Almost all Shopify sites will use thumbnail images, especially on product pages. They quickly showcase all the different angles of a product without taking up a lot of space.
Thumbnails are great, but be careful; they can be killing your site speed and SEO. Thumbnails are usually presented at various points during a person’s shopping experience. If they are preventing your product pages from loading quickly, you are probably losing potential customers.
So, what can you do?
- Make your thumbnail file sizes as small as possible. It may be worth letting quality slide in favor of a lower file size here. Remember, the cumulative impact of your thumbnails will have a huge impact on your page load time.
- Vary your alt attribute text as to not duplicate text that you would use for the bigger versions of the same image. As a matter of fact, make your alt text wildly different. The last thing you want is the thumbnail being indexed instead of the larger image. It’s these little things for image optimization for Shopify that will help you stand above the rest.
The other or "decorative images."
Websites often have an assortment of decorative images, such as background images, buttons and borders. Anything non-product related can likely be considered a decorative image.
Although decorative images can add a lot of aesthetic appeal to a webpage, they can result in a large combined file size and slow load times. Therefore, you might want to consider taking a closer look at your decorative images so they won’t impair your website’s ability to convert visitors into customers.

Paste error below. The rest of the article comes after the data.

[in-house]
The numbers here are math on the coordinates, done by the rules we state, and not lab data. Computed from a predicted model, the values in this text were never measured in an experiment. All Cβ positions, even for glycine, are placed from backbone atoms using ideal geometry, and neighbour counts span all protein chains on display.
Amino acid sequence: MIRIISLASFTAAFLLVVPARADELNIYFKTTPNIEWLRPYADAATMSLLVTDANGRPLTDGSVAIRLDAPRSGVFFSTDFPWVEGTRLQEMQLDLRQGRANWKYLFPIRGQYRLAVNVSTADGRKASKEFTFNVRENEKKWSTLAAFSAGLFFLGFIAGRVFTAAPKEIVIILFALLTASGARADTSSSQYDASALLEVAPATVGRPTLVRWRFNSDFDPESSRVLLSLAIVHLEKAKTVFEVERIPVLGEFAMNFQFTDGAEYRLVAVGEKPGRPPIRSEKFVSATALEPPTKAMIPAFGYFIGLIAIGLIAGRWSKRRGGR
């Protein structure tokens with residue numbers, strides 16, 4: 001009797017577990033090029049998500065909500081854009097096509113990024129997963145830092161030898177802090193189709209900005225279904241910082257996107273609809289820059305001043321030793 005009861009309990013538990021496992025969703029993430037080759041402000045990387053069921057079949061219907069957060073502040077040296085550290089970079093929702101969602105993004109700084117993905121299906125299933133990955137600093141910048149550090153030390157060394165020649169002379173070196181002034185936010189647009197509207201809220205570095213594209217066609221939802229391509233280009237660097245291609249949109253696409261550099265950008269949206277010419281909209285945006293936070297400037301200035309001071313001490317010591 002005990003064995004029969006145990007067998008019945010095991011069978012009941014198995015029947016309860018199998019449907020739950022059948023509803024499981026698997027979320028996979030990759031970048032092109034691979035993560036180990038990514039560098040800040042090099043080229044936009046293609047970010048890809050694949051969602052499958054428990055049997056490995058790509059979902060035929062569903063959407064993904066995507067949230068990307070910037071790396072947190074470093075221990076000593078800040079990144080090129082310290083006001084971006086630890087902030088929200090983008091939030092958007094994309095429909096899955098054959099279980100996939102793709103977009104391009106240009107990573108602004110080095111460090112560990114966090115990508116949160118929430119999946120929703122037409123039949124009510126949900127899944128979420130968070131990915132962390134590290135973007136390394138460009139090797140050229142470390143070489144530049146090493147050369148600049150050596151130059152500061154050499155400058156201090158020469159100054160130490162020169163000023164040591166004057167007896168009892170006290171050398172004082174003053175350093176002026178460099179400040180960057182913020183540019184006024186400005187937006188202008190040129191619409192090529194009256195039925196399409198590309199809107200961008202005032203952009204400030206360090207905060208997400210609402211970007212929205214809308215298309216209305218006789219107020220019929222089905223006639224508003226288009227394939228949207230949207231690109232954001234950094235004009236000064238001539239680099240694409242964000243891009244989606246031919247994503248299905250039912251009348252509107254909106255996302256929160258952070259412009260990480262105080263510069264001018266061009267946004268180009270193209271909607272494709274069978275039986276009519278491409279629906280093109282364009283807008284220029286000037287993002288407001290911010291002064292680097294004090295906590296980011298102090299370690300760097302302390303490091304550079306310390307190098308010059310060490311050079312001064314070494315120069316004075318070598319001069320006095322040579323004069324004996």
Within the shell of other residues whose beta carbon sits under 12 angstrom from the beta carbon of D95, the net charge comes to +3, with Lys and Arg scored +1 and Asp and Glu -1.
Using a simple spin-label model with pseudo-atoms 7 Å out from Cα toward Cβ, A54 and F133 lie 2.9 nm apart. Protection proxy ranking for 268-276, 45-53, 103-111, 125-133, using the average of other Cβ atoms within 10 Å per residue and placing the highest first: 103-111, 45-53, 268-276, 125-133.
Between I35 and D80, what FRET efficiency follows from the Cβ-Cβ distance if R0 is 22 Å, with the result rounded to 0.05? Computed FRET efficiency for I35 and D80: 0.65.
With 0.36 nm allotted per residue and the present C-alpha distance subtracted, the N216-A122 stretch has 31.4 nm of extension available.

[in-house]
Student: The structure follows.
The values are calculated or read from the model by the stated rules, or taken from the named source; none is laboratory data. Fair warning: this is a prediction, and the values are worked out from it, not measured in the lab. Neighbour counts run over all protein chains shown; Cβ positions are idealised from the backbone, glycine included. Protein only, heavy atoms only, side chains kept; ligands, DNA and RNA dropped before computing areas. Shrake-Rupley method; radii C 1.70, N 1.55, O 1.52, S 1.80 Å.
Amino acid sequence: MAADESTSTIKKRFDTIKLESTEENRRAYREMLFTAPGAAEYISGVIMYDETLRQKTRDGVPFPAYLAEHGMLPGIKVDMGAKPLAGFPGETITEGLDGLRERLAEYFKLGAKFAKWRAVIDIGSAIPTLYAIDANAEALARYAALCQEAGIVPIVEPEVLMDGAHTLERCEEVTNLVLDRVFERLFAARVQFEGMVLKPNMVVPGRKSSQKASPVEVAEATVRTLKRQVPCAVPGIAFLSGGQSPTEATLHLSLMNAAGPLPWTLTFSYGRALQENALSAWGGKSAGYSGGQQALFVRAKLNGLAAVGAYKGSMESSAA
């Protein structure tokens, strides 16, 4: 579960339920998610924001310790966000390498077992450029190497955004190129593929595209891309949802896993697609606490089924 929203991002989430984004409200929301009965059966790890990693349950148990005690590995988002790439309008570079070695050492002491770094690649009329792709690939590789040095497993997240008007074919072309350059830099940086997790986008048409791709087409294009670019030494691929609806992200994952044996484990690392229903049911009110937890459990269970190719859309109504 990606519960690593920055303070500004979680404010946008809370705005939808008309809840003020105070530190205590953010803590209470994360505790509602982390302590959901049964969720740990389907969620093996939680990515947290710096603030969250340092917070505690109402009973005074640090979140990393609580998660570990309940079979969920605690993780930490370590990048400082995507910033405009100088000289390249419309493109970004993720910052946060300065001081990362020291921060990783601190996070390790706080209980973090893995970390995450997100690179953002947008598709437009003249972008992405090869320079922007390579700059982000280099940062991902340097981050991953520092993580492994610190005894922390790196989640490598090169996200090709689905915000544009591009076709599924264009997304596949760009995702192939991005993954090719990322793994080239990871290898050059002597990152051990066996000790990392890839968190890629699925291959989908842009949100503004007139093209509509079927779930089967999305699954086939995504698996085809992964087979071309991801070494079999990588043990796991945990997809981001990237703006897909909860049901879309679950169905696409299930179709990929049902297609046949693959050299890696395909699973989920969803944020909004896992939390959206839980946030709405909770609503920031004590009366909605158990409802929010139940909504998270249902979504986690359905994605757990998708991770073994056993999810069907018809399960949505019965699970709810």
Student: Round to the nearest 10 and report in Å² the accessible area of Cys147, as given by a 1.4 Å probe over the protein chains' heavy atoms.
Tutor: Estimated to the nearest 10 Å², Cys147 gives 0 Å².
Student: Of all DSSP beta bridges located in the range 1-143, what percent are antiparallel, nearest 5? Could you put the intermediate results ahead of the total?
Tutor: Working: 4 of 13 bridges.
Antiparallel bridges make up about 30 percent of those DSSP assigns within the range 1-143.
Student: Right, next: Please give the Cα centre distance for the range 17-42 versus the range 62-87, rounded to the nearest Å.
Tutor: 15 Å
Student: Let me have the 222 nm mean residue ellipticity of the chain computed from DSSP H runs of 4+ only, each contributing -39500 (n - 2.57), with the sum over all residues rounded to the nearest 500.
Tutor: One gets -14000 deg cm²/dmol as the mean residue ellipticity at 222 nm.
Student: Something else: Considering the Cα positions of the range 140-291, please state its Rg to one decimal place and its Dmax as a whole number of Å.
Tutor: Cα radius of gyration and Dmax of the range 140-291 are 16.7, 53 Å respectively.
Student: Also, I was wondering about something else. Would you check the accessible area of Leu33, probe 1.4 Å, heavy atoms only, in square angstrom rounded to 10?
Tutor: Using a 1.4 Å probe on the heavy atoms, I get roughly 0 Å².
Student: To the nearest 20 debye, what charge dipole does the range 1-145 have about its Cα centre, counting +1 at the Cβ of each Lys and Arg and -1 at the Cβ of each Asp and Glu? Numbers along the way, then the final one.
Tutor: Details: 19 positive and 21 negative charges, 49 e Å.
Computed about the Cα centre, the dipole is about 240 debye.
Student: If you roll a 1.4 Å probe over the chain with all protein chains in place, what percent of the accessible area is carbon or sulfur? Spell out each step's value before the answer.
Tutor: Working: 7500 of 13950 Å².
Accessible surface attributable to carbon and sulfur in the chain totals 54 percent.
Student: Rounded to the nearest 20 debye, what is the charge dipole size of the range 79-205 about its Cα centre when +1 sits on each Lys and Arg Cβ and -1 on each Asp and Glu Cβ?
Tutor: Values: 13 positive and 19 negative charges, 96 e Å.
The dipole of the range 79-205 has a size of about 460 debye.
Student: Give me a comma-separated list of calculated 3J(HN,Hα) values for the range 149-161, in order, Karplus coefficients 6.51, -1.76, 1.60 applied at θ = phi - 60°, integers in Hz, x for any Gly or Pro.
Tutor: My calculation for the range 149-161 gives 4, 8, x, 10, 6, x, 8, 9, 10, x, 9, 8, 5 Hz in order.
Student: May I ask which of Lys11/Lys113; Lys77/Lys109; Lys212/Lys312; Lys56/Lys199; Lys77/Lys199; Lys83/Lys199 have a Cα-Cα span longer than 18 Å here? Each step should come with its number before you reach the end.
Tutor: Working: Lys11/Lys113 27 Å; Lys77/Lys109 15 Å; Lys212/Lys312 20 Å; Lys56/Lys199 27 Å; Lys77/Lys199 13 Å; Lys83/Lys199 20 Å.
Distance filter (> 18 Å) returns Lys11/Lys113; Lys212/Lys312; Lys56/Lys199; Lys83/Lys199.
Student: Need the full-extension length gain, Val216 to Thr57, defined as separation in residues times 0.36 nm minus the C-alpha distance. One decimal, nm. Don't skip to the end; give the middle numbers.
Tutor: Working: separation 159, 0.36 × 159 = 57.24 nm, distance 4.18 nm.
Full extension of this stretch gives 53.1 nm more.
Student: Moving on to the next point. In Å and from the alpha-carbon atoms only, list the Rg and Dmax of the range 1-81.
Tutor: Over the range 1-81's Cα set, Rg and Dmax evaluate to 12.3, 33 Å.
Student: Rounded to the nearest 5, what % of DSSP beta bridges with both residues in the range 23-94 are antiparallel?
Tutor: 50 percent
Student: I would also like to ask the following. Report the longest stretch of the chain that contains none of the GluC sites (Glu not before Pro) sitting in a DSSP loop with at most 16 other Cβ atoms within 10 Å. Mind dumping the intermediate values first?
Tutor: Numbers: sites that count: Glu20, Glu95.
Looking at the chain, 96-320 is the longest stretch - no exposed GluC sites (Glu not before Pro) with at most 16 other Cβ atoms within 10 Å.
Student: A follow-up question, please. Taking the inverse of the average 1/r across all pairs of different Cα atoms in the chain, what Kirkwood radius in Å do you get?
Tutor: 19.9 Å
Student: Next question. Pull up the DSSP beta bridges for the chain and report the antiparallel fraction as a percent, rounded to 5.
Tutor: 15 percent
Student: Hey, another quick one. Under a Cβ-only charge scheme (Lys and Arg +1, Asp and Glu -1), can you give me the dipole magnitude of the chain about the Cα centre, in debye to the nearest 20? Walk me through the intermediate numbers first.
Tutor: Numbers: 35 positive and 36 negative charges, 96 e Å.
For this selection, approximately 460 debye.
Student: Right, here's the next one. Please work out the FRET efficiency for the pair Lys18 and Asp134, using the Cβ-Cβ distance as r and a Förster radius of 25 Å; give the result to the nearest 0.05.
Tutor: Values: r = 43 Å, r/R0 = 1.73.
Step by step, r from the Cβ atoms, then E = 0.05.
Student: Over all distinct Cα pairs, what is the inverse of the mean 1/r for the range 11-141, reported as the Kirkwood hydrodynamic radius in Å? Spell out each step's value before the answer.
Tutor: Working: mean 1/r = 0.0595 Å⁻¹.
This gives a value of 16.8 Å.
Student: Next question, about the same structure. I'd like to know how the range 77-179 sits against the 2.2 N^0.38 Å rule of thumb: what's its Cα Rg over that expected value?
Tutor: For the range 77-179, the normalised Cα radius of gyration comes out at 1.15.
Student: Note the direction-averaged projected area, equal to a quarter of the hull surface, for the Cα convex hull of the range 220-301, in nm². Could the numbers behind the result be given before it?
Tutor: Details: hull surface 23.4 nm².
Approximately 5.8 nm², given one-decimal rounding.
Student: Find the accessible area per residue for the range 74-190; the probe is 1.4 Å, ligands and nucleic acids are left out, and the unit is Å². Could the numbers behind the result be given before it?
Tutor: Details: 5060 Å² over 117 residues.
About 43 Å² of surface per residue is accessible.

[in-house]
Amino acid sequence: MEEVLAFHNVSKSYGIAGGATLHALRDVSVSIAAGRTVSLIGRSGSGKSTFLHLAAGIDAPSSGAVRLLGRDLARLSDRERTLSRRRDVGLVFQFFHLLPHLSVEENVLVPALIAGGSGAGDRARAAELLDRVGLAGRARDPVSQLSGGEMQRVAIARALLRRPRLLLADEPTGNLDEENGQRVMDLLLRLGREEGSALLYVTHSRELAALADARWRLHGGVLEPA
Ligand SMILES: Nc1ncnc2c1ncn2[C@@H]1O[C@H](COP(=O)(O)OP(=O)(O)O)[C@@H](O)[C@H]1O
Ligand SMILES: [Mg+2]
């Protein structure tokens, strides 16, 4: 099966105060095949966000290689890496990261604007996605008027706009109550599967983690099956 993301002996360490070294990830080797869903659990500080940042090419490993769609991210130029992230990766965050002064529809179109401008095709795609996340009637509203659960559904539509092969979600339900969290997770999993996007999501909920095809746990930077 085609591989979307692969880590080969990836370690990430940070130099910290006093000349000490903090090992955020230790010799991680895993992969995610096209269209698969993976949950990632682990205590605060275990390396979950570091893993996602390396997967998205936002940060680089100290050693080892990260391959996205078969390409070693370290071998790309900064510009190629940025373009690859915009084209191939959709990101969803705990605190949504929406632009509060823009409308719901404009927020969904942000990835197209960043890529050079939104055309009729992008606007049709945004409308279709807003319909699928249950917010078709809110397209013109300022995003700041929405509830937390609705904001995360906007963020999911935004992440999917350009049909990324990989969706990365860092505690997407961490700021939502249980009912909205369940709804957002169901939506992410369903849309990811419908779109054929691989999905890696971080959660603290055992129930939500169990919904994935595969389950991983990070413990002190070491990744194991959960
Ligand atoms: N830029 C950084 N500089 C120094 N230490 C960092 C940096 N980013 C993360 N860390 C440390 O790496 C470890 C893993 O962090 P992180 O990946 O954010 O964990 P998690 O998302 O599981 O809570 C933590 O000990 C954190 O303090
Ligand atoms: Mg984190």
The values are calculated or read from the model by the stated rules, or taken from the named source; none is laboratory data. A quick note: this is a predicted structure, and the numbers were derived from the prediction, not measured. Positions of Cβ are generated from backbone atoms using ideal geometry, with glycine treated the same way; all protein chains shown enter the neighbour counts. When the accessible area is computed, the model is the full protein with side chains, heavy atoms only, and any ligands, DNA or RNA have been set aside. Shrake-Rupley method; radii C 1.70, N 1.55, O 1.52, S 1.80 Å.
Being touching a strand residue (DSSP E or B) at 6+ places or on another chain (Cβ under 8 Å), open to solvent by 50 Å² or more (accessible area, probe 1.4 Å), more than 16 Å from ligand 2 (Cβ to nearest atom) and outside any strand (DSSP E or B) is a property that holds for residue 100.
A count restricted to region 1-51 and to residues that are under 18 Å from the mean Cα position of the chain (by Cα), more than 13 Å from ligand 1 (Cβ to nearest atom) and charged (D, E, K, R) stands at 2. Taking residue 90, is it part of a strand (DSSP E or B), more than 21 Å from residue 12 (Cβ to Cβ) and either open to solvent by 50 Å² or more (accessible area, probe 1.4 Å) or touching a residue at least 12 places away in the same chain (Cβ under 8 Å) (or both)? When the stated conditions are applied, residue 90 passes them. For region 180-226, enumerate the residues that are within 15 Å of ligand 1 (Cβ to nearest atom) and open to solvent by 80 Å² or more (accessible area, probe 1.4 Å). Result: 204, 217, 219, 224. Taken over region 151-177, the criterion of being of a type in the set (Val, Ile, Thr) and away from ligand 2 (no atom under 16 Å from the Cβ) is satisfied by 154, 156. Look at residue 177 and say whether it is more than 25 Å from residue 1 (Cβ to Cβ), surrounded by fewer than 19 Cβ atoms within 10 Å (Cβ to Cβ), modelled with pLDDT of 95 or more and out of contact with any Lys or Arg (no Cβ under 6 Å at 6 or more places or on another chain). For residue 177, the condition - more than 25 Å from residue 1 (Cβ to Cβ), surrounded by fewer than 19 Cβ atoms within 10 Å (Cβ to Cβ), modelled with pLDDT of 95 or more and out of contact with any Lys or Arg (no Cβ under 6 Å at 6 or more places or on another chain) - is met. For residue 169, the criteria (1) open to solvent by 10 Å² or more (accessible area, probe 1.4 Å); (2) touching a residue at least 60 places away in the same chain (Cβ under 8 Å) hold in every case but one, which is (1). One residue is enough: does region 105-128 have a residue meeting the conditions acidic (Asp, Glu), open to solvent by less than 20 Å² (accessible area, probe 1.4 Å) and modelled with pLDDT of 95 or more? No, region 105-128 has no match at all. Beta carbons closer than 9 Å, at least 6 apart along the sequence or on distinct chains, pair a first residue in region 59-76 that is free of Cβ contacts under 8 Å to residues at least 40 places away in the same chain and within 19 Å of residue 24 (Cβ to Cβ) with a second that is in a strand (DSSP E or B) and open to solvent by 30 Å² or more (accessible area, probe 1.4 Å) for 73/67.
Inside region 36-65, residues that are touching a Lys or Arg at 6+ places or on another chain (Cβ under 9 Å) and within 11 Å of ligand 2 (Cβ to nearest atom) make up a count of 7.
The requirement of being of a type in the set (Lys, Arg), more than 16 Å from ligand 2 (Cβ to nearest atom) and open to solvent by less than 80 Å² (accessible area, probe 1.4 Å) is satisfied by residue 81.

You want to check the file sizes of all the decorative images on your site and use a template that minimizes file sizes.
Here are some tips for reducing the file sizes of your decorative images:
- For images that make up borders or simple patterns, make them PNG-8 or SVGs. You can create good looking images that are only a few hundred bytes in size.
- If possible, use CSS to create colored areas instead of using images. Use CSS styling as much as possible to replace any decorative images.
- Take a close look at that large wallpaper-style background image. Those can be huge files. Shrink them down as much as possible without ruining the image quality.
One trick you can use to eat away at your background image size is to cut out the middle of the background image and make it a flat color or even transparent. This can decrease the file size substantially.
Another great way is to limit these images. Put a few spaced out on the page to make it look aesthetically appealing, properly sized in JPEG format. remember the key is to keep the file size small. So these images should also be less than 70kb in size.
Keeping beautiful photos functional
Now questions about your Shopify images won’t leave you tossing and turning for hours.
You know some image SEO strategies to get your product photos into Google image search results. You know how to fully leverage alt attributes. You know the difference between file types and when to choose each option.
Still, image optimization for Shopify is complex and we’ve just scratched the surface, so feel free to leave any questions you might have in the comments below.